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- May 4, 2020
- Posted by: Vipul Jain
- Category: Finance
Four Mistakes to avoid during this sea of RED!
Stock indices are falling like there is no tomorrow. Every investor seems to be in a hurry to liquidate. Even quality companies that were holding steady in the last few years have come under pressure. In one month, HDFC Bank lost 30 percent of its market cap. Bajaj Finance lost 41 percent. Asian Paints 20 percent. The list is long. Not a single company from Sensex is in green YTD. This time fall is not restricted to mid or/and small caps or few sectors. Sea of red ink is visible everywhere.
This is panic time. Panic time, investors do make mistakes they would not have made during normal time. There is a double whammy this time, unlike the 2008 Lehman crisis. In 2008 time, one need not worry about health, but this time health, as well as wealth, are under threat.
Keeping in mind present psyche of the market, I am outlining four mistakes that investors should avoid
1. Catching falling knives
Many investors would be tempted to invest in companies that fell by a good percentage in the last two months. There is nothing wrong with that logic if you feel the valuation of the company is in deep discount, and there is no change in the quality of the business the company is running. I have realized that most of the investors will not use either of the yardsticks. The only yardstick that they will put is that scrip has fallen by a certain percentage. Result investors will end up buying wrong companies like DHFL, Manpasand Beverages, CG power, Reliance Capital, and so on. I know after the 2008 crisis, many investors bought Suzlon as scrip had fallen then significantly. The rest is history.
Based on my experience, I have realized that the sector that loses fancy does not regain soon. IT companies did not regain fancy post Y2K boom and bust. Infra companies did not command the same premium post-2008 Lehman crises. This applies to segment leader Larsen and Toubro too. Last ten years, share price L&T moved up a mere 18 per cent-1.7 percent CAGR! Had you put money in the Fixed Deposit, you would have been better off. I have a feeling that private sector banks and NBFCs may not command the same rich valuations which they commanded till now. Hence instead of catching falling knives, look for companies whose fundamentals are sound. Look for companies that have zero debt, no promoters pledge and the company is managed by clean and efficient promoters. They will leave a happy mark on your portfolio.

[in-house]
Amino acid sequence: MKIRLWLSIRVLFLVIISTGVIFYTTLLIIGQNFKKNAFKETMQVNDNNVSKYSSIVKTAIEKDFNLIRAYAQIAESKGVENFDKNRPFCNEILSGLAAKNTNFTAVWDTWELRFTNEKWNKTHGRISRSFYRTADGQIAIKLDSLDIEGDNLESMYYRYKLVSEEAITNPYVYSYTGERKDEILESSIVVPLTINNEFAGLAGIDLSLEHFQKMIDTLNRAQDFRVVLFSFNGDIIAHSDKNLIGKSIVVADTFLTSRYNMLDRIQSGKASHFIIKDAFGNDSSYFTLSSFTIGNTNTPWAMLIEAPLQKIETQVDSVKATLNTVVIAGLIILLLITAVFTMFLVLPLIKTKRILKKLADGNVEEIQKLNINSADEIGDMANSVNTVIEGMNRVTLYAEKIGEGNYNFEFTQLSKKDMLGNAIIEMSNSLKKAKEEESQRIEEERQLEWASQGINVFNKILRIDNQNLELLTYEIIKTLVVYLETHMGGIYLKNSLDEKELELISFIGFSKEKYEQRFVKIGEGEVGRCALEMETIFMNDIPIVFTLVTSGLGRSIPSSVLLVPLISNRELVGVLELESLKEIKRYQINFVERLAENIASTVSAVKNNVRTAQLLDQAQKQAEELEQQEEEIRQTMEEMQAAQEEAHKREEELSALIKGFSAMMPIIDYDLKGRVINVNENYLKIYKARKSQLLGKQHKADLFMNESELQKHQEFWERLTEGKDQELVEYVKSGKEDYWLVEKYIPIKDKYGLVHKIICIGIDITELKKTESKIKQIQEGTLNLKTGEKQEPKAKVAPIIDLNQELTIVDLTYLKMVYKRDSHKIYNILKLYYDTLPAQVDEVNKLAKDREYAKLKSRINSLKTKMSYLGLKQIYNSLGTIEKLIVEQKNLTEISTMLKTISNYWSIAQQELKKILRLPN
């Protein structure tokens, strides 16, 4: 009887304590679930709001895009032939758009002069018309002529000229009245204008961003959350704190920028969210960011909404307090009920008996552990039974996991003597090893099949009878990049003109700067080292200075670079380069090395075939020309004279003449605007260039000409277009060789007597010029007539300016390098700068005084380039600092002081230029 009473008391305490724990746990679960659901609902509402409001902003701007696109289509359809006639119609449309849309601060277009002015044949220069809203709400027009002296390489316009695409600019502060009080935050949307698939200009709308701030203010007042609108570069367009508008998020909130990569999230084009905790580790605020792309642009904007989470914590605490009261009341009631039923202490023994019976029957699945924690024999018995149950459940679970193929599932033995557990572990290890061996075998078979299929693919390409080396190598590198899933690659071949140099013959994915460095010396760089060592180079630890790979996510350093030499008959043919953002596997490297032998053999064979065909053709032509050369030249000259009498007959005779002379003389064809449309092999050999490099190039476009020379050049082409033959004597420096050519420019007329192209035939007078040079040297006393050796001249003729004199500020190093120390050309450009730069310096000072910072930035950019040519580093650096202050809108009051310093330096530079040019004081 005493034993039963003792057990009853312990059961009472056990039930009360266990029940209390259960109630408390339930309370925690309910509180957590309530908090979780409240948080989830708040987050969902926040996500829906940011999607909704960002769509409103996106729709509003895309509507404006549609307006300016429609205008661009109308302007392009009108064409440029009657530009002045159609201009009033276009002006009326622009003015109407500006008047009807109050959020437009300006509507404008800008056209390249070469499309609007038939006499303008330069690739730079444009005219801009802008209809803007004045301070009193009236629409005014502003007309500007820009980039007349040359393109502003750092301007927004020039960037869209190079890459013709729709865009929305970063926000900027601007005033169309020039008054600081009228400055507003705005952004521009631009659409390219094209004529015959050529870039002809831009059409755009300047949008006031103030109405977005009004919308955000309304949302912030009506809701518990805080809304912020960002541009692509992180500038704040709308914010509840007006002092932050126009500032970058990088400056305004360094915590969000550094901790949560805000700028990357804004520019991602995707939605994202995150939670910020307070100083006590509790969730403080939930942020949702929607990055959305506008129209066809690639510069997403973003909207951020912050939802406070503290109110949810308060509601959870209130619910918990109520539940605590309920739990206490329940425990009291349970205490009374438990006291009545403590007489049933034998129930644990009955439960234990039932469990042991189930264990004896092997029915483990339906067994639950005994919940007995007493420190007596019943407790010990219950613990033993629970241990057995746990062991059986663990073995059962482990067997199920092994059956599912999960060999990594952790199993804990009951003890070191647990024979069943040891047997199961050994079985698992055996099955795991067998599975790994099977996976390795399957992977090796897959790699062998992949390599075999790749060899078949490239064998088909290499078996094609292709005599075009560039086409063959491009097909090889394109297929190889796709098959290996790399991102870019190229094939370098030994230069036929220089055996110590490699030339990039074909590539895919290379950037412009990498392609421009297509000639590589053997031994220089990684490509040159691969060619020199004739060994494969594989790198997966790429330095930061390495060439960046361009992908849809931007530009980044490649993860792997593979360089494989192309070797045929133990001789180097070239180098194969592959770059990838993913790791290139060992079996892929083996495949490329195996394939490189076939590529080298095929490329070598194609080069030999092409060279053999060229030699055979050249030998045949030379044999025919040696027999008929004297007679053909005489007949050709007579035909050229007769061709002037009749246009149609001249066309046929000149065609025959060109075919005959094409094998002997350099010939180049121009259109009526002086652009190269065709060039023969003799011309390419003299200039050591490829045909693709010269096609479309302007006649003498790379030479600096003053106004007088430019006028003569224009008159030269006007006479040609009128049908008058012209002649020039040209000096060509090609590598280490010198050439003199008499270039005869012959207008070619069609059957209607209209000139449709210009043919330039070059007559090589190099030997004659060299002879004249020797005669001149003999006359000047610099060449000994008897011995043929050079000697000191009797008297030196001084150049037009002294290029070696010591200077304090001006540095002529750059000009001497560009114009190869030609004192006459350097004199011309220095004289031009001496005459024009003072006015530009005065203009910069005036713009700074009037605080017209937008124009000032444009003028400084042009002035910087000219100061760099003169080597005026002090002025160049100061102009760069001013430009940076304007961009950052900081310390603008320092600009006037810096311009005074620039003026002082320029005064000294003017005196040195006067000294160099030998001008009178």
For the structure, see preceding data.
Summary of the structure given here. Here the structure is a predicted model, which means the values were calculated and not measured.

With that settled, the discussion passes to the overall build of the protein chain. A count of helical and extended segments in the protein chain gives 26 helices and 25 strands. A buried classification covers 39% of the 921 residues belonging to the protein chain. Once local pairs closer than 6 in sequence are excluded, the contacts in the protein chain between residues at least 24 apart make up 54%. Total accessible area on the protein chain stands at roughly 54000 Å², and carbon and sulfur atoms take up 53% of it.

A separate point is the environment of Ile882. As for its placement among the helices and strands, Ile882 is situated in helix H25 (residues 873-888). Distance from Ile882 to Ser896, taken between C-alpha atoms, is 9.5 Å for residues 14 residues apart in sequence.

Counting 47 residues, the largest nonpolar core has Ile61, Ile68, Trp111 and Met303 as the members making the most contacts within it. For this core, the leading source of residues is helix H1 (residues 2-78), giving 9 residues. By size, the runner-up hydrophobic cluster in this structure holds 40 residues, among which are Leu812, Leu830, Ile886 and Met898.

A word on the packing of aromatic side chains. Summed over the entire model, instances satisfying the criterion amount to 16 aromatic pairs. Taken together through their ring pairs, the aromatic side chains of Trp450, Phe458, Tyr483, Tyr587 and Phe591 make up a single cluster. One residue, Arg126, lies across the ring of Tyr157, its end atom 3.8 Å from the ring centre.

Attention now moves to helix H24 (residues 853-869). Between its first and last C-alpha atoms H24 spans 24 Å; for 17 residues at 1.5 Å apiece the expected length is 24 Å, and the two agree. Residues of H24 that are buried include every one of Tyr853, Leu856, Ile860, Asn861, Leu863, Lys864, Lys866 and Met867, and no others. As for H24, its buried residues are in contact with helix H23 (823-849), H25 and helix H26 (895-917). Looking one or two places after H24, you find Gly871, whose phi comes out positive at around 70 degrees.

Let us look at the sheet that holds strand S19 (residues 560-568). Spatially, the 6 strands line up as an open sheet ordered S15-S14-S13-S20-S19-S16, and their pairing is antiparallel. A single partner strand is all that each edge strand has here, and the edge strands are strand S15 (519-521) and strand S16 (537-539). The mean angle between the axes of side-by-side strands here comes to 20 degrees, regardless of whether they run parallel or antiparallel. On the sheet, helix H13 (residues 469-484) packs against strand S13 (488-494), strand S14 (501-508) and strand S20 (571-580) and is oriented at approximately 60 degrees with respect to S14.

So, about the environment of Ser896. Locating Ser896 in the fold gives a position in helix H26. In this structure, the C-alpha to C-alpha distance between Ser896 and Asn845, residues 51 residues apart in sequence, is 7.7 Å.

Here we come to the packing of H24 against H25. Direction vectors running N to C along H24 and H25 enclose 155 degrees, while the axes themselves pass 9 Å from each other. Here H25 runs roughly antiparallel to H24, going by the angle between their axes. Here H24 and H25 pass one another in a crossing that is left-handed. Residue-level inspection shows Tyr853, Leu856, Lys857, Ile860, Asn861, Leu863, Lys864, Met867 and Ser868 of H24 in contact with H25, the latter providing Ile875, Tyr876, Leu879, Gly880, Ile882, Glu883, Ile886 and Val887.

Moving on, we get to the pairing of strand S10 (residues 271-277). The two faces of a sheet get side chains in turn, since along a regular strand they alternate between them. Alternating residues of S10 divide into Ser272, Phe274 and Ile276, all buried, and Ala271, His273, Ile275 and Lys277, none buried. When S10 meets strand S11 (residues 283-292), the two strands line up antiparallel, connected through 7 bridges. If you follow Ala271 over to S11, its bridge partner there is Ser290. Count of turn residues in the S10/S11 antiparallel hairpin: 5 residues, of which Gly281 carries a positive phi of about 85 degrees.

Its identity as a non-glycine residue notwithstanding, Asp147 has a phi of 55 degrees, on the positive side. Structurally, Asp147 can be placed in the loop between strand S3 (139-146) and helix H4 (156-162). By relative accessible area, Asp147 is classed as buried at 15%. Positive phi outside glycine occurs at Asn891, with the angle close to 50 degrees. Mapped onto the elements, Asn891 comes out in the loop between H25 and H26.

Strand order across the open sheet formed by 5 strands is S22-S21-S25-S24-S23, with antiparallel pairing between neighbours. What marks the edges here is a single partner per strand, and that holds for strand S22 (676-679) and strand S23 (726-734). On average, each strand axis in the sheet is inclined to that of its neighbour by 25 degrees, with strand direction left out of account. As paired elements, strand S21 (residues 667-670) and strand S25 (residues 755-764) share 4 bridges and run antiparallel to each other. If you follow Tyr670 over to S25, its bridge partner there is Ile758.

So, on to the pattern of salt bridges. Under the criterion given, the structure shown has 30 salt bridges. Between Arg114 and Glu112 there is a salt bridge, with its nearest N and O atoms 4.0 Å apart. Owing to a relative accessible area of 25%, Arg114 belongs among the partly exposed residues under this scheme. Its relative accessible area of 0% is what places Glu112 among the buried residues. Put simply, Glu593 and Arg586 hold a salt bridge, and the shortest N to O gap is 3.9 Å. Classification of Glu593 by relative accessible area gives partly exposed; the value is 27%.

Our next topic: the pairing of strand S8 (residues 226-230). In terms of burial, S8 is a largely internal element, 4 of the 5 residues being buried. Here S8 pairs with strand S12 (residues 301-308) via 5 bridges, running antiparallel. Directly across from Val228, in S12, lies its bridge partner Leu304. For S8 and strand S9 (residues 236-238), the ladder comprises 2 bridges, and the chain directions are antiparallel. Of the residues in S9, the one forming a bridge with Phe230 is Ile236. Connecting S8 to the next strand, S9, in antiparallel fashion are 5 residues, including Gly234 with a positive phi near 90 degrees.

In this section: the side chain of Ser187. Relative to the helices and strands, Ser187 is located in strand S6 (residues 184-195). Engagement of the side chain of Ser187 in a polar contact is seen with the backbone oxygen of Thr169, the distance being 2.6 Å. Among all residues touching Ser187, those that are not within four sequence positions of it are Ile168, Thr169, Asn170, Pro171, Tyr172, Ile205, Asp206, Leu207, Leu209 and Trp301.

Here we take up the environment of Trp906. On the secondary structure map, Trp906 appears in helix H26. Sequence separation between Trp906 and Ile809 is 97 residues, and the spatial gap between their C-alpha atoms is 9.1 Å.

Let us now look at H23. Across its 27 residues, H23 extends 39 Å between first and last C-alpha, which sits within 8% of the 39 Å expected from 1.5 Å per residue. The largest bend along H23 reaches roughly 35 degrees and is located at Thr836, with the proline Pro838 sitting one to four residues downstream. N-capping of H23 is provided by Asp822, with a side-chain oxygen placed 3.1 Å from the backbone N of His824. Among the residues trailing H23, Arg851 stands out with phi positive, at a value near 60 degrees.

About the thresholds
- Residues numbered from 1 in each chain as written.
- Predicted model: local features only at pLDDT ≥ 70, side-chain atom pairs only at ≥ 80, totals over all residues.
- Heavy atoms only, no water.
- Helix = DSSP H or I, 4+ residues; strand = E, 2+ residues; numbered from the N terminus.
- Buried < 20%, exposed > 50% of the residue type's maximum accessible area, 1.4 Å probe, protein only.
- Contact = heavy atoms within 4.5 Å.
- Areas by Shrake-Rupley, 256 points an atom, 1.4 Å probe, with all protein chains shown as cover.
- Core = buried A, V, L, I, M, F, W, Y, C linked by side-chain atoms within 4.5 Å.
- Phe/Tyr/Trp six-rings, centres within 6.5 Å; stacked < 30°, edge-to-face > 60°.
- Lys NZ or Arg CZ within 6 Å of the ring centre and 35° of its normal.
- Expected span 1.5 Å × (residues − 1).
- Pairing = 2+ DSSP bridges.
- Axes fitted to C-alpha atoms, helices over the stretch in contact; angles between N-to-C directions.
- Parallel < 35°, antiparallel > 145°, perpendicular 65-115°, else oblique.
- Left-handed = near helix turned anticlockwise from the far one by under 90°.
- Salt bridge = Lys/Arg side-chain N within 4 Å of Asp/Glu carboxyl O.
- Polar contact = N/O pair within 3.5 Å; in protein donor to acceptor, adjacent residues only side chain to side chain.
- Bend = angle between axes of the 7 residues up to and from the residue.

2. Selling good quality stocks
The recent fall in the market has made many investors losing their rationale. Fear is now dominating minds. This is causing investors to sell even good quality companies. This is the most critical error one should avoid. I understand that many good quality companies have come under pressure. You may feel that the world is going to end and hence sell quality companies. There may also be feeling that let me sell companies now, I will buy later. This strategy often fails. My advice to hold on quality companies trading at a reasonable valuation.
Going by the past instances, as and when sentiments improve quality companies will be the first one to lead from the front. In the next 12 months down the line, you would be proud of your decision
See How to Select the Right Stocks!
3. Borrowing money to invest in the market
This is another mistake investor more often makes. They feel that since Sensex and Nifty have fallen by 30 percent in the first two and a half months of 2020, let me borrow money to invest in the market to make a quick kill. No need to say that is suicidal. No one knows for sure when the market will rebound. There is little clarity on how much further fall before the market will rebound. Once you borrow money, you run the danger of marked to market and interest meter running. Those who have bought on leverage in the market have lost big-time money, and hence I urge you to avoid the mistake of borrowing money to invest in this market
4. Putting emergency money into equity
There are some investors who, instead of borrowing money, put emergency money into the equity market in the hope of quick money. One should never touch the emergency market even if you feel that valuations are compelling. Emergency money is always to meet the emergency. The market is known for its extreme behavior. It can remain irrational longer than you can remain solvent
Coming back to the market, stock indices can’t fall daily by 1000-1500 points. Ultimately there would be bottom to the market, but will it remain at the bottom for some time before bouncing (that means U shape), or we will have V shape recovery is a million-dollar question. Nobody has an answer with surety
Keep calm and wait for this storm to pass.